Growing Potatoes

Latest Update 27th August 2017.

  • Potatoes are a staple crop in our household, and we can usually grow enough to last 6 months in our limited space.
  • I prepare the potato bed with lots of compost and mulch prior to planting the seed potatoes.
  • I usually take delivery of certified seed potatoes in mid June, and after chitting them for about 6 weeks, I plant them.  The weather starts to improve by then, and damaging frosts are usually gone by September when the tender shoots start to emerge from the soil.
  • We harvest a few new potatoes as soon as their flowers set in early November.  They are delicious when steamed, mashed or baked in their jackets.
  • If you delay harvesting the main crop until the foliage has died back completely the tubers store longer.

  • Binomial Name:                                        Solanum tuberosum. 
  • Family:                                                    Solanaceae.
  • Variety:                                                    Nicola. 
  • Crop rotation group:                                  Solanaceae. 
  • Garden bed type:                                      Garden Ecobed.
  • Recommended soil pH:                             4.5 - 6.0. 
  • Minimum sun per day:                               6 hours.
  • Plant spacings (centres x rows):                250 x 300 mm.
  • Weeks to harvest:                                    15 - 20 weeks.
  • Good companions:                                    Pea, bean, cabbage, nasturtium, marigold.
  • Climate:                                                   Warm temperate.
  • Geography:                                              Southern hemisphere. 
  • This food is very low in saturated fat, cholesterol and sodium. 
  • It is a good source of dietary fibre, and a very good source of vitamin C, vitamin B6, iron, potassium, copper and manganese.
  • More from nutrition 
Maintaining Ecobed Productivity. 

  • Check out my blogpage which explains how I maintain productivity in my Ecobeds.  It describes how soil is prepared prior to planting, the importance of rainwater in Ecobeds, how to regulate the sun's intensity and how to feed plants through their leaves.
Propagating Seedlings. 

  • Check out my blogpage which explains how I propagate seeds.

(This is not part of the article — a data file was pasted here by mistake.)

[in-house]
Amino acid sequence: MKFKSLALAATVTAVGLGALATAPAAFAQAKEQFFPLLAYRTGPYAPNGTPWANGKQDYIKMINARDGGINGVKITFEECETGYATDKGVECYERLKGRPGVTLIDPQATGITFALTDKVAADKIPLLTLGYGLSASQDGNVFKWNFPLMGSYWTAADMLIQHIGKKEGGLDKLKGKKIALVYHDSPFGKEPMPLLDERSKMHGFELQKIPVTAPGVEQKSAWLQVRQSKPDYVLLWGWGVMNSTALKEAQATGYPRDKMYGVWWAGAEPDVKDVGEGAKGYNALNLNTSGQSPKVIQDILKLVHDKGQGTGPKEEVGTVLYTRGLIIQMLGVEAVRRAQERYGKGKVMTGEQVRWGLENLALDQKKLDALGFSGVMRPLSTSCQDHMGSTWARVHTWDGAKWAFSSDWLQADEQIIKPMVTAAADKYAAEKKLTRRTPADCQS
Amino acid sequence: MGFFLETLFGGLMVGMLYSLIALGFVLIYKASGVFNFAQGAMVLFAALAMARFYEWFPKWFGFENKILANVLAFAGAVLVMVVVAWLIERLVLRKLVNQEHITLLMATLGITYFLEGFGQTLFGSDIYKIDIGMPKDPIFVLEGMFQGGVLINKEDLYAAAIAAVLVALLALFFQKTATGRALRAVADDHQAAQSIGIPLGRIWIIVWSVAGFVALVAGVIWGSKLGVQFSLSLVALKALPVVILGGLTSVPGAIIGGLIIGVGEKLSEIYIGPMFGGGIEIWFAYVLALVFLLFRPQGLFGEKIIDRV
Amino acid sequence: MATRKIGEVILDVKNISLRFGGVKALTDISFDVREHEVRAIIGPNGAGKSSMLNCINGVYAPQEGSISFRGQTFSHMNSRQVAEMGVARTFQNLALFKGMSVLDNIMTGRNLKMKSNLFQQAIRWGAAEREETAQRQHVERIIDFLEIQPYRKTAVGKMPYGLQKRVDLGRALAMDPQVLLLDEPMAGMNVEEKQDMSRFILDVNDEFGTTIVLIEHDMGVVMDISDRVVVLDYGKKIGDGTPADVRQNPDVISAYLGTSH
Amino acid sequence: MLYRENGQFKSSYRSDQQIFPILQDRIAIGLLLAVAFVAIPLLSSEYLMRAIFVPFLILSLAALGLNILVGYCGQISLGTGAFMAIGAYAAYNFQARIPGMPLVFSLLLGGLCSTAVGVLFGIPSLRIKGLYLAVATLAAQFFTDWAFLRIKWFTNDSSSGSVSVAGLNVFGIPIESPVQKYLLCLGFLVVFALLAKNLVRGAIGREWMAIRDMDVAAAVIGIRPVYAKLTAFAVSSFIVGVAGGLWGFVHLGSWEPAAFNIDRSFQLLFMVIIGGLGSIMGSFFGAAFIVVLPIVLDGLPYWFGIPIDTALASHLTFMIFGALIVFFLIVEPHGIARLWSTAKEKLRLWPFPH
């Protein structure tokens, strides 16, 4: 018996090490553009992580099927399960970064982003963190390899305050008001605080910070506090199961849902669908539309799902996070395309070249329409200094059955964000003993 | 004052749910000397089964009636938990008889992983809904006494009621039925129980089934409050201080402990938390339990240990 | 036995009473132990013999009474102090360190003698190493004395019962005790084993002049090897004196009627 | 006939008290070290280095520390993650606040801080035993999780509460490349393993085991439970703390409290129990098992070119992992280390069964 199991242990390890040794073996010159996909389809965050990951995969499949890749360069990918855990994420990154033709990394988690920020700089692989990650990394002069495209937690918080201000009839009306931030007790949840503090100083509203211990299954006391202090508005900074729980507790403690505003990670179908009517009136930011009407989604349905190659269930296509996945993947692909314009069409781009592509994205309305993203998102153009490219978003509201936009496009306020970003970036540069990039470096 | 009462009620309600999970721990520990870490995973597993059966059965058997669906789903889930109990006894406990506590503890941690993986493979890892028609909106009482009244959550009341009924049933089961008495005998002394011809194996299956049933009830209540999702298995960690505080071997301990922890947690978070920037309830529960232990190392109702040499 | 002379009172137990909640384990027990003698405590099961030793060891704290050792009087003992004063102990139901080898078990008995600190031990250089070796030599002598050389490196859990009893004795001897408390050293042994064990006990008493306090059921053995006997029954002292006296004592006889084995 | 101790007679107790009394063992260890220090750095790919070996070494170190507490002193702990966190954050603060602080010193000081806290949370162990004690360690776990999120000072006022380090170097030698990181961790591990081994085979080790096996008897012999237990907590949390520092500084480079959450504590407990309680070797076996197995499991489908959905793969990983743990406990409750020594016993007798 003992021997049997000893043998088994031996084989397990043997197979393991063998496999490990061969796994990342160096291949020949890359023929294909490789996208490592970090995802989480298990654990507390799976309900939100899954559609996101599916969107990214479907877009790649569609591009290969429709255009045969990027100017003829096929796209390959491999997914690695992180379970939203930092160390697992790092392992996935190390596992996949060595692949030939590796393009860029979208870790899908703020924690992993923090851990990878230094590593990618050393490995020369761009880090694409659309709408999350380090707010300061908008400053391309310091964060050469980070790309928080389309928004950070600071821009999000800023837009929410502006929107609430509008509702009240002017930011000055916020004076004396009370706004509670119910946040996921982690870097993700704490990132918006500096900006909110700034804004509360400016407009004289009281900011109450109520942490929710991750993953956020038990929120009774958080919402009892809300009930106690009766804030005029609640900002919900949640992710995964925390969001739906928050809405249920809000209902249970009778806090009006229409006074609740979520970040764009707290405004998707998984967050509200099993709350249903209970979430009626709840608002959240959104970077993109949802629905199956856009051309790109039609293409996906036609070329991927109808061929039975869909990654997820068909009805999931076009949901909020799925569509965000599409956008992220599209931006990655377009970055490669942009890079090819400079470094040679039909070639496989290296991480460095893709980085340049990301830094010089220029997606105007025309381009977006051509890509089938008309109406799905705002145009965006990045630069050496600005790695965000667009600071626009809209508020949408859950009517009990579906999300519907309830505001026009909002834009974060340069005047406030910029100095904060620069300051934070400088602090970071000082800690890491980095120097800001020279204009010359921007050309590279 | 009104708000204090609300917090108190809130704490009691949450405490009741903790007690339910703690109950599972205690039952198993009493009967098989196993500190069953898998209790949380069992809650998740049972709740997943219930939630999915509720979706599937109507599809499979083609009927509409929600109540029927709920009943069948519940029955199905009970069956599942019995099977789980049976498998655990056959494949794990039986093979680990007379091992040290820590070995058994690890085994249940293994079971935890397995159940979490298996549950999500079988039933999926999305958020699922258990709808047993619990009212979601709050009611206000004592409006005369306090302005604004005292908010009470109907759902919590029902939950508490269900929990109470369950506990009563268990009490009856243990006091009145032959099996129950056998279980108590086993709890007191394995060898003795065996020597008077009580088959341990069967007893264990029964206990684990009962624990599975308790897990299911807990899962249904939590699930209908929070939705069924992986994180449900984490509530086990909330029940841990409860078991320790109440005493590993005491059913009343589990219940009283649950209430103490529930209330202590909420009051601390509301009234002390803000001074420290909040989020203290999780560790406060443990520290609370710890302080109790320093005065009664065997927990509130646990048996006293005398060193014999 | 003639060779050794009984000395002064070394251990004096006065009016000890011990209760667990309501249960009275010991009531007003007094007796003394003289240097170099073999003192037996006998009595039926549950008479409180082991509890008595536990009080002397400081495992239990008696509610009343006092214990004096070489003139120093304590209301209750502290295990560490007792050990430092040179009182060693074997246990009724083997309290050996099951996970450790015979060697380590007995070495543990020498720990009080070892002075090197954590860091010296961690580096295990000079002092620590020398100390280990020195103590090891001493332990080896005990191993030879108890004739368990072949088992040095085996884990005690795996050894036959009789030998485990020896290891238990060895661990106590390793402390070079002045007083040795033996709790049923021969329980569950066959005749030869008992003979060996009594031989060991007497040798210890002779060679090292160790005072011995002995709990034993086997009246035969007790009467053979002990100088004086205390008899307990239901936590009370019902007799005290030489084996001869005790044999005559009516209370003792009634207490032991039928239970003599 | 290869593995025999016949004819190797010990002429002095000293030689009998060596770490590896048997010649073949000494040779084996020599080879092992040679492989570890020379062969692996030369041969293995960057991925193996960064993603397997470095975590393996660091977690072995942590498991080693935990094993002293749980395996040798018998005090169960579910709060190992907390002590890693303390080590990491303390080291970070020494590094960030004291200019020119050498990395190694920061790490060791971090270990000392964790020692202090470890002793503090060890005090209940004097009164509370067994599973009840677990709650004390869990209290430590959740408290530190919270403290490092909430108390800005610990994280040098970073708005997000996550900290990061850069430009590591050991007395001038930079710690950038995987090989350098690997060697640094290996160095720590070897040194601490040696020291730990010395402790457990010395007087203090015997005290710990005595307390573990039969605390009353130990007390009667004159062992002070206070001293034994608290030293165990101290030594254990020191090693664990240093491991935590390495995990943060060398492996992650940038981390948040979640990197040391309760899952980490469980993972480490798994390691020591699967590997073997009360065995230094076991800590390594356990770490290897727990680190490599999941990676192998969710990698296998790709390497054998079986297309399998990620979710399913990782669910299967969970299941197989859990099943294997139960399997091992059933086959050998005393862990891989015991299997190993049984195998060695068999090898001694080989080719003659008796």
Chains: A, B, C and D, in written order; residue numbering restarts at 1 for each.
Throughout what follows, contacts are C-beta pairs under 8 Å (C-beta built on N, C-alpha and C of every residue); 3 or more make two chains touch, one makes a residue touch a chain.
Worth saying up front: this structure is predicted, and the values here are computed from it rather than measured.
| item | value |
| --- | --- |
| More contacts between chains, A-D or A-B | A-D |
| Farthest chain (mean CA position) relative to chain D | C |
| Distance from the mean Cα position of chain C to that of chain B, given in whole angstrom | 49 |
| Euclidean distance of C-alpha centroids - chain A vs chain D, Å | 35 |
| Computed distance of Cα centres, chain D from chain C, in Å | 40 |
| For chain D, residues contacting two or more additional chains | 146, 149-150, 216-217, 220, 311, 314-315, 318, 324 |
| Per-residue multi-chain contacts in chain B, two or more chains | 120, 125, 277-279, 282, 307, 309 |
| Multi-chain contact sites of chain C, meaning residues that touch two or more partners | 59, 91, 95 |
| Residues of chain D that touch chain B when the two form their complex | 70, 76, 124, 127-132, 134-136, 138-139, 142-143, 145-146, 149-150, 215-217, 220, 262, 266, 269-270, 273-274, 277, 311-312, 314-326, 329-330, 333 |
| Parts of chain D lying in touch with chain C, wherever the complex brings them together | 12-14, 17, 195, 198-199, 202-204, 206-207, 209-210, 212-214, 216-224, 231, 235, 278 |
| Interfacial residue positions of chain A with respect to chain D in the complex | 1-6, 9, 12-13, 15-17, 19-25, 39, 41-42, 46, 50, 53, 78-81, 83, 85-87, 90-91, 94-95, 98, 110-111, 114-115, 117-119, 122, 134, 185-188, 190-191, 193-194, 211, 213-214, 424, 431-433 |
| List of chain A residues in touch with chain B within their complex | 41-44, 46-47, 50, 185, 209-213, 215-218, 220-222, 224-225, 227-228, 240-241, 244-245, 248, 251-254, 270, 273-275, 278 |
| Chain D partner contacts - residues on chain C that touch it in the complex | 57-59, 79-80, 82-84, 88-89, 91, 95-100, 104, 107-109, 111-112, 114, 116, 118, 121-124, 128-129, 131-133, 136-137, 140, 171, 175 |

Propagation Plan.

  • Check out my blogpage which tells you when to sow seeds.
Growing Instructions.
  • Purchase your seed potatoes in May for deliver in mid June.  Use a certified organic supplier to avoid disease (buy 48 tubers).
  • To get earlier growth you should "chit" them by placing them (eyes up) in a warm spot with plenty of indirect light for about 6 weeks.
  • After a few weeks they will send out new shoots.  
  • Reduce to 3 or 4 shoots to grow larger potatoes, but leave them to produce more shoots if you're happy with smaller ones. 
  • Dig planting holes through the mulch in late August, 250mm apart (6 tubers) along rows 300mm apart (8 rows).
  • Sow the seed potatoes 150mm deep and cover them with about 50mm of soil.  Make sure the shoots are facing upwards and take care not to damage them.
  • Backfill gradually with soil as the shoots grow, but make sure the growing tips are never completely covered.
  • The soil must be kept moist during this stage, but can be left to dry out when the plants begin to die back (don't let the Ecobed's water tank empty, but keep the water level low during this stage of growth).  The plants draw back nutrients and moisture from the leaves for use in their tubers.
Harvesting and Storage.
  • Young potato tubers are delicious and well worth sacrificing some of the main crop harvesting them early.  
  • Harvest these "New Potatoes" as soon as flowers appear by digging up a whole plant.  Use all of the tubers before harvesting the next plant.
  • Harvest the main crop for storage 2 weeks after the foliage dies back (usually in late January).
  • Use a hand trowel to harvest your main crop.  Push the trowel into the soil at an angle so that it is below the clump of Potatoes and lift the whole clump.  Take care with the trowel as you don't want to disturb the water tank's cover or perforate the liner.
  • Wash the tubers and leave them in the open air to dry.  Don't leave them in hot sun too long as they can be damaged.
  • Store your Potatoes in a cool, dark, dry place in a hessian sack or cardboard box.  Note** They will rot if they are not perfectly dry.
  • Check on them from time to time, and remove any tubers starting to rot.  
  • After a few months the remainder of your crop may start to sprout.  It is worth going through your stored Potatoes at this stage to rub out these new shoots.  This will prolong the storage life of your crop.
  • Alternatively you can preserve (pressure cook) potatoes in a saline solution for longer term storage in preserving jars (see article).
Organic Pest Control.
  • Potatoes, like most vegetables, are vulnerable to attack from certain pests in my garden.  My blog on "Controlling Garden Pests" explains a little about these pests and what to do to protect plants from them.  For details click on the appropriate link below.
  • Slugs and snails. 
  • Greenhouse Whitefly. 
  • Root knot nematode.